JWST General Target Visibility Tool Help

The JWST General Target Visibility Tool (GTVT) is a command-line Python tool that provides quick-look assessments of target visibilities and position angles for all JWST instruments.

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See also: JWST Moving Target Visibility Tool Help, JWST Position Angles, Ranges, and Offsets, JWST Observatory Coordinate System and Field of Regard

The JWST General Target Visibility Tool (GTVT) is a Python command-line tool for calculating target visibility windows as a function of time. GTVT is one of 2 primary tools for investigating JWST target visibilities. The  assumed orbital ephemeris and default time period over which the calculations run are sufficient to accommodate the expected launch date of JWST and the duration of Cycle 1.

For a given RA and Dec, the GTVT provides the reference position angle (PA) information for all 4 science instruments and the FGS within the allowed visibility windows. It also outputs the V3 axis PA for reference. Results are in the form of an ASCII file as well as one or more summary plots. A number of options are available from the command line for tailoring the output to your needs. Once the interactive plot is displayed, icons can be selected to pan and zoom in on the plot to see detailed information.

The GTVT contains an optional branch that permits the easy inclusion of moving targets instead of just fixed coordinate targets. See JWST Moving Target Visibility Tool Help for more information on this option.

The schedulability of a given target observation is more complex than just its visibility. It also involves the availability of guide stars as a function of time and other constraints that may be set with special requirements in APT. The GTVT is a "quick look" tool for pre-planning purposes, but the Astronomers Proposal Tool is the true arbiter of schedulability for a given proposed observation.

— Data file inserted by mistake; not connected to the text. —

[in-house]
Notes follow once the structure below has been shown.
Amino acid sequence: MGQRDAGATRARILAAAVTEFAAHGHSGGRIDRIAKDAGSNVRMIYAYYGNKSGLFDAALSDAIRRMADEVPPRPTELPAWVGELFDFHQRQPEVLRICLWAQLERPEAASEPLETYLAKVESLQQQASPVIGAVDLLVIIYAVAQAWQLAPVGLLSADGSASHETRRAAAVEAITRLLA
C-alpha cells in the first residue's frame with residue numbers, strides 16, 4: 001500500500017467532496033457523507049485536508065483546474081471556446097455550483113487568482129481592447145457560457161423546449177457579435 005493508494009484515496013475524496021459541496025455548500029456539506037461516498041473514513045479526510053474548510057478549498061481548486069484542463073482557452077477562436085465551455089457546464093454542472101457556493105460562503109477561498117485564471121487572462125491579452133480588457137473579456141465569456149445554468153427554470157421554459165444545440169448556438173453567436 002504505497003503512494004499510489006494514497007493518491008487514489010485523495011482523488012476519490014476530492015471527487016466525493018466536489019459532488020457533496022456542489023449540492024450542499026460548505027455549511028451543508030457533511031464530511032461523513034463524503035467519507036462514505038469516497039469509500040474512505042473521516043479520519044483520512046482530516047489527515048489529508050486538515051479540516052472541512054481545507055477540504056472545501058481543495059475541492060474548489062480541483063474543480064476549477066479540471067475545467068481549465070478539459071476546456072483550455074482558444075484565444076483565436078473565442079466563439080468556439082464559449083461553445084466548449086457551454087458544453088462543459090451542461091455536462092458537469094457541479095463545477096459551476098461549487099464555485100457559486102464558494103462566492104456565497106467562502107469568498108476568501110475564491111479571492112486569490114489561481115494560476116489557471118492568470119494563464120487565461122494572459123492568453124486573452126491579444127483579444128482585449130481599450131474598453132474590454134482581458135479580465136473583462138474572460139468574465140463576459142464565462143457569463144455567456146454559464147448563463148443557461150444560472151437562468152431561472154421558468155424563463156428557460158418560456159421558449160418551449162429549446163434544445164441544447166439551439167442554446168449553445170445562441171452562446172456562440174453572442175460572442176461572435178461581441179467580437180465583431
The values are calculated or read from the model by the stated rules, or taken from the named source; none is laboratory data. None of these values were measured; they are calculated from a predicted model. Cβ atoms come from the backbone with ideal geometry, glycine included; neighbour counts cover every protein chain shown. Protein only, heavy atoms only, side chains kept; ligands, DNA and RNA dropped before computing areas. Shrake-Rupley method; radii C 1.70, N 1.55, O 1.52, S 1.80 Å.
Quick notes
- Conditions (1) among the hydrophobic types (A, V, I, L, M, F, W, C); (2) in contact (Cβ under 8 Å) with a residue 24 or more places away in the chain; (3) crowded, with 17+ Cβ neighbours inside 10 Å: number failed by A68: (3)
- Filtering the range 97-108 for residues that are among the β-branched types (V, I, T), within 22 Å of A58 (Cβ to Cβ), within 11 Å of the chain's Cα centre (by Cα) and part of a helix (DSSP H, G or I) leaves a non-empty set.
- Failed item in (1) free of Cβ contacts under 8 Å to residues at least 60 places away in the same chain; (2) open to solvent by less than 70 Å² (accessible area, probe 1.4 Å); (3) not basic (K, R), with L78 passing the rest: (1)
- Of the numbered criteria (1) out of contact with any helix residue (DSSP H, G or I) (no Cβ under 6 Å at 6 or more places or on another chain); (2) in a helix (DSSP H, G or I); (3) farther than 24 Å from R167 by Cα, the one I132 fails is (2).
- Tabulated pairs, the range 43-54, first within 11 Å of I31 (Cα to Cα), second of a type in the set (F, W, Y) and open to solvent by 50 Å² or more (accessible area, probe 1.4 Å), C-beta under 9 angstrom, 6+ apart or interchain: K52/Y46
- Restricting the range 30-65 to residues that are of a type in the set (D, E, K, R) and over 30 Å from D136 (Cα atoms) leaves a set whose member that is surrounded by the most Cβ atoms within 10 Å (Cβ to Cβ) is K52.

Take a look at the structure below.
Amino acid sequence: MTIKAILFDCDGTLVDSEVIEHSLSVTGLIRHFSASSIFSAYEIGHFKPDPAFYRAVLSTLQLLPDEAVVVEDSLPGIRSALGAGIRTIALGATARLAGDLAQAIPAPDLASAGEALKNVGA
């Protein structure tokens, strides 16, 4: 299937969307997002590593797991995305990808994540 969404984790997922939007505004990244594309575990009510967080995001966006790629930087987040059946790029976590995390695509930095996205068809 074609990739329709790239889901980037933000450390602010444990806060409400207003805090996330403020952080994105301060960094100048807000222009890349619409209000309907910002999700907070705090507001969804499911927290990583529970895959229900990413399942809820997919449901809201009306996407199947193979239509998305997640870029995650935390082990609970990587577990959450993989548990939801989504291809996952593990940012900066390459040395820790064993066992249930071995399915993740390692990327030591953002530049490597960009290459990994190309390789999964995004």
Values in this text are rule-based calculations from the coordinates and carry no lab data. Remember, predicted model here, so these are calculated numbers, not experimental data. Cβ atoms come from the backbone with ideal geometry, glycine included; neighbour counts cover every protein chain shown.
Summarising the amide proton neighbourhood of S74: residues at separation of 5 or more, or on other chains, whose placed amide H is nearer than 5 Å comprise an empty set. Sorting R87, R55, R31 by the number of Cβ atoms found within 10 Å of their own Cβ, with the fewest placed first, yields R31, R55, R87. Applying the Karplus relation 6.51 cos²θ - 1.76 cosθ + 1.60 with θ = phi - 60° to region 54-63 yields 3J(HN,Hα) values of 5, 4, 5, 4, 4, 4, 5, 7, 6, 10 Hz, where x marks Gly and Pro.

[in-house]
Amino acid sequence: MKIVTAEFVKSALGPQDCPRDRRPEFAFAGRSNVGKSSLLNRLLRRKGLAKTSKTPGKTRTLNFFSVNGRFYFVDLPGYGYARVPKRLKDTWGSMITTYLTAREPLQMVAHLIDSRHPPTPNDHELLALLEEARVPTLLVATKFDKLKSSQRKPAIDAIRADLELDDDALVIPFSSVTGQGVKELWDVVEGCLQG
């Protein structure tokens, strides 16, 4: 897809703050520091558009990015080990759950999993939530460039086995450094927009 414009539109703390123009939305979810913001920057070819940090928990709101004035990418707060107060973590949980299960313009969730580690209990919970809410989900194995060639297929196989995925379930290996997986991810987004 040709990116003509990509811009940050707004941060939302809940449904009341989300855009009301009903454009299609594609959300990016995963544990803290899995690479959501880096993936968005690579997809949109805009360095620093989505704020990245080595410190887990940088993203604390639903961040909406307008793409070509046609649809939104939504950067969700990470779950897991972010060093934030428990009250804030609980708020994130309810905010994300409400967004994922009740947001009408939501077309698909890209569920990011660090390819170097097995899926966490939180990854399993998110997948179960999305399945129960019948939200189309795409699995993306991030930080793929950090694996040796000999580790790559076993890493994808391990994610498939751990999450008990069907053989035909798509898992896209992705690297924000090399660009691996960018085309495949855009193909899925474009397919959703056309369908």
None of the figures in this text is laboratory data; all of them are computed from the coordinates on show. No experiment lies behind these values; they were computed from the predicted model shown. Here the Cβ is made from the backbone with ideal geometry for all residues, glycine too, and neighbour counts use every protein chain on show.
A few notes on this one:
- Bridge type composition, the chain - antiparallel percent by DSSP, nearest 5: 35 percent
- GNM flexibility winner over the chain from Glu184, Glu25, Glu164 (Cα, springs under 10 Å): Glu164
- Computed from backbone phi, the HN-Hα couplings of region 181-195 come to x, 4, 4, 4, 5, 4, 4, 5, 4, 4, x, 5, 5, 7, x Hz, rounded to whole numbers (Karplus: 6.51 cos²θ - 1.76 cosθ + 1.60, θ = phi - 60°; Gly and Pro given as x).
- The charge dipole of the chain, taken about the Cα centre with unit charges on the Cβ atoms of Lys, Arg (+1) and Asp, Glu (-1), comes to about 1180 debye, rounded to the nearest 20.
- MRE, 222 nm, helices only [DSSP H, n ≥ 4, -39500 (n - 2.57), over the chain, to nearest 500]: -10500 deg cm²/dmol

By default, the GTVT calculates the full visibility windows for a given input target.  If one decides to limit the allowed background levels for a given observation, this will impact the scheduling windows.  With the GTVT, one can easily assess how much of the visibility window is lost for a given assumption about the background.


Words in bold italics are also buttons 
or parameters in GUI tools. Bold 
style represents GUI menus/
panels & data software packages.

The GTVT requires a few Python packages and libraries. These dependencies include NumPy, Matplotlib, Astropy, Astroquery, and pysiaf.  Use the

pip install [PACKAGE]

command (where PACKAGE is one of the dependencies listed above) to assess whether it is installed.  If not already installed, the pip command will do so.

Installation and usage

GTVT 0.2.0 is the most recent release (July 2021). It is compatible with Python 3.7 and up.

The GTVT is currently incompatible with Windows operating systems.

One can download a .zip file or clone the repository for GTVT from the following GitHub link:


and install the tool inside the resulting jwst_gtvt-master directory (you should see a file called setup.py in this directory) with the command 

python setup.py install

Alternatively, if you are familiar with pip, you can install the tool directly with

pip install git+https://github.com/spacetelescope/jwst_gtvt.git

These options assume you have separately verified that your computer has access to the dependencies listed above. Once successfully installed, the program can be run from the command line, as described in the next section.

Usage tips

To see the GTVT help information, type jwst_gtvt -h.

$ jwst_gtvt [-h] [--v3pa V3PA] [--save_plot SAVE_PLOT]
                 [--save_table SAVE_TABLE] [--instrument INSTRUMENT]
                 [--name NAME] [--start_date START_DATE] [--end_date END_DATE]
                 [--bkg_cutoff] [--no_verbose]
                 ra dec

positional arguments:
  ra                    Right Ascension of target in either sexagesimal
                        (hh:mm:ss.s) or degrees.
  dec                   Declination of target in either sexagesimal
                        (dd:mm:ss.s) or degrees.

optional arguments:
  -h, --help            show this help message and exit
  --v3pa V3PA           Specify a desired V3 (telescope frame) Position Angle.